Cookies Policy
X

This site uses cookies. By continuing to browse the site you are agreeing to our use of cookies.

I accept this policy

Find out more here

Moral Judgments in Russian Culture: Universality and Cultural Specificity

No metrics data to plot.
The attempt to load metrics for this article has failed.
The attempt to plot a graph for these metrics has failed.
The full text of this article is not currently available.

Brill’s MyBook program is exclusively available on BrillOnline Books and Journals. Students and scholars affiliated with an institution that has purchased a Brill E-Book on the BrillOnline platform automatically have access to the MyBook option for the title(s) acquired by the Library. Brill MyBook is a print-on-demand paperback copy which is sold at a favorably uniform low price.

Access this article

+ Tax (if applicable)
Add to Favorites
You must be logged in to use this functionality

Abstract Individuals often deliver rapid, automatic judgments of right and wrong, suggesting that there is an implicit system of knowledge that may guide our moral judgments. Some authors have argued that the principles guiding this system are universal, part of our human endowment. Tests of this hypothesis require rich cross-cultural evidence which is presently limited. Here we extend the current cross-cultural evidence by testing Russian subjects. We focus on three psychological distinctions concerning the nature of permissible harm that, thus far, show a fair degree of uniformity among several English-speaking countries (USA, UK, Canada): (1) action-based harms are worse than omission-based harms; (2) means-based harms are worse than side-effects; and (3) contact-based harms are worse than non-contact-based harms. Overall, Russian subjects’ judgments were mediated by these three distinctions. There were, however, some notable cross-cultural differences: in contrast with the English-speaking countries, Russian subjects tended to avoid extreme judgments favoring the middle of the scale anchored at permissible; however, when they used the extremes, they were more likely to judge cases as forbidden, and rarely as obligatory. We discuss these results in light of the role of biological constraints on cross-cultural variation.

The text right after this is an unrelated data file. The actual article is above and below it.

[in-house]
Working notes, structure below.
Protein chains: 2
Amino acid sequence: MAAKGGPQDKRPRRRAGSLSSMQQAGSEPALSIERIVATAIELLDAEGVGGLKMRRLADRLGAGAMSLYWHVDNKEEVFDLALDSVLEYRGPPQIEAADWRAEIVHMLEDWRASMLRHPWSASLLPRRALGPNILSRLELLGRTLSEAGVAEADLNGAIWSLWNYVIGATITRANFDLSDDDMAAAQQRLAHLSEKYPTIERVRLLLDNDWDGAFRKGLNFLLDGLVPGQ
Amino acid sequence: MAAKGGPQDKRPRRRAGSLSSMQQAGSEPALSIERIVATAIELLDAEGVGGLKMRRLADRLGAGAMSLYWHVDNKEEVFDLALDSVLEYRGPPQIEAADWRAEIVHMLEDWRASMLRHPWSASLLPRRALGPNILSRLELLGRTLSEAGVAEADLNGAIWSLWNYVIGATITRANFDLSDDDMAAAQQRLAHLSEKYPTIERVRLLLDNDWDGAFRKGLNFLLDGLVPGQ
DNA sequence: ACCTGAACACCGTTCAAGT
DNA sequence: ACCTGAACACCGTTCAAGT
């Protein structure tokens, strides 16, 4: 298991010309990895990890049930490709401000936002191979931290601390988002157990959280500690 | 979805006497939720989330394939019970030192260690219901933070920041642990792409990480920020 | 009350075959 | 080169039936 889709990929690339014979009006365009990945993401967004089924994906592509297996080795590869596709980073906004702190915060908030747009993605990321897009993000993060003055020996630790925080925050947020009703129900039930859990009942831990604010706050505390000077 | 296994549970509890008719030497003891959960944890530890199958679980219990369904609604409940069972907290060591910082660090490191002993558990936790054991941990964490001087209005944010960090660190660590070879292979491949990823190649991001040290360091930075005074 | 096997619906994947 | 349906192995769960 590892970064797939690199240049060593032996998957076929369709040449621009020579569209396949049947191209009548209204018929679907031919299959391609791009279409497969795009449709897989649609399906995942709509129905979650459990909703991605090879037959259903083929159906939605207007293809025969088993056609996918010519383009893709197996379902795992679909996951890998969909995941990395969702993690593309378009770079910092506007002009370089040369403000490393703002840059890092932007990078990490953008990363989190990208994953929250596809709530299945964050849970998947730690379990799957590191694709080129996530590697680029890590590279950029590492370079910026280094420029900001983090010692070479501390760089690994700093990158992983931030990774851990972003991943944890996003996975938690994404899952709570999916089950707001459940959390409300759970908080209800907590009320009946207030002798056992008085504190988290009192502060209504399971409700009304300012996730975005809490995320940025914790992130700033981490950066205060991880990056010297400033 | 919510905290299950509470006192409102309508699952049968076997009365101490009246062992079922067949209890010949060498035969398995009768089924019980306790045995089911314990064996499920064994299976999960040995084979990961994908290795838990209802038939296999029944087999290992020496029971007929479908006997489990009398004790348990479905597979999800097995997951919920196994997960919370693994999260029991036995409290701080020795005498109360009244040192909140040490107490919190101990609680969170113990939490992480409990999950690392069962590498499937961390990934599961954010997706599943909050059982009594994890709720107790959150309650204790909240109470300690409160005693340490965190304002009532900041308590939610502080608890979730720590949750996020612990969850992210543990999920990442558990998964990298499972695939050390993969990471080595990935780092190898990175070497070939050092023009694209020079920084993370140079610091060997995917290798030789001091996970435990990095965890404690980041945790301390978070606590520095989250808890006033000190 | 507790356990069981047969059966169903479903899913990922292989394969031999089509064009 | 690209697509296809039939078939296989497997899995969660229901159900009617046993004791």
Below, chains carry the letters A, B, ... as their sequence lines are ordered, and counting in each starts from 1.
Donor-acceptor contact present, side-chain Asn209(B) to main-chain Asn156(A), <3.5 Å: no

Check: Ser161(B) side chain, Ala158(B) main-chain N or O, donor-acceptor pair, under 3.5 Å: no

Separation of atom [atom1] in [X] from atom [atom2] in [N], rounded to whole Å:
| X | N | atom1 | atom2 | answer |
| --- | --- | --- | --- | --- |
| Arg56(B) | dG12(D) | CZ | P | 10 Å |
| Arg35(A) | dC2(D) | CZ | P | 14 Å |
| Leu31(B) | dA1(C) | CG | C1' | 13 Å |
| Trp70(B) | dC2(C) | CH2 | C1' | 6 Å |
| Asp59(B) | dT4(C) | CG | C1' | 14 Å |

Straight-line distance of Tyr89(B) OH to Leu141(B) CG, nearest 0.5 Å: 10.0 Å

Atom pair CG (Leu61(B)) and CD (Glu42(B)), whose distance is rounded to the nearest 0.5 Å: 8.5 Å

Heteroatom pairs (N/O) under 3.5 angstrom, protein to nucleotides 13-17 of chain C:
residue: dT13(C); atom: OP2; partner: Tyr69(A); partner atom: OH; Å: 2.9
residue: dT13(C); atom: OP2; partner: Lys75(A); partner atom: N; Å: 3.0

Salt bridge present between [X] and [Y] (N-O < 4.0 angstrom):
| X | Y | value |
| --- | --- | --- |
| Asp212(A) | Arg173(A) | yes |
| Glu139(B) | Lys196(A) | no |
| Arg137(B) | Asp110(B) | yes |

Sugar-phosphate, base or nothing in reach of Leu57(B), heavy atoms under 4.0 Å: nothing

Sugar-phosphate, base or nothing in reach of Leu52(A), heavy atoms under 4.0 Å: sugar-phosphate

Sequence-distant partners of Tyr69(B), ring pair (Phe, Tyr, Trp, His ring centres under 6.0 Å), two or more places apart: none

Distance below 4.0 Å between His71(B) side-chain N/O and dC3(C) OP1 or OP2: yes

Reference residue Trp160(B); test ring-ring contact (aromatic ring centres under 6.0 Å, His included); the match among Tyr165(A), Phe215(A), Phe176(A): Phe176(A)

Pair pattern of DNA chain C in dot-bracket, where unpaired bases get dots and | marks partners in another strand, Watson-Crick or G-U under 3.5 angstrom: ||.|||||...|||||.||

10.1163/15685373-12342094
/content/journals/10.1163/15685373-12342094
dcterms_title,pub_keyword,dcterms_description,pub_author
6
3
Loading
Loading

Full text loading...

/content/journals/10.1163/15685373-12342094
Loading

Data & Media loading...

http://brill.metastore.ingenta.com/content/journals/10.1163/15685373-12342094
Loading

Article metrics loading...

/content/journals/10.1163/15685373-12342094
2013-01-01
2016-12-04

Sign-in

Can't access your account?
  • Tools

  • Add to Favorites
  • Printable version
  • Email this page
  • Subscribe to ToC alert
  • Get permissions
  • Recommend to your library

    You must fill out fields marked with: *

    Librarian details
    Your details
    Why are you recommending this title?
    Select reason:
     
    Journal of Cognition and Culture — Recommend this title to your library
  • Export citations
  • Key

  • Full access
  • Open Access
  • Partial/No accessInformation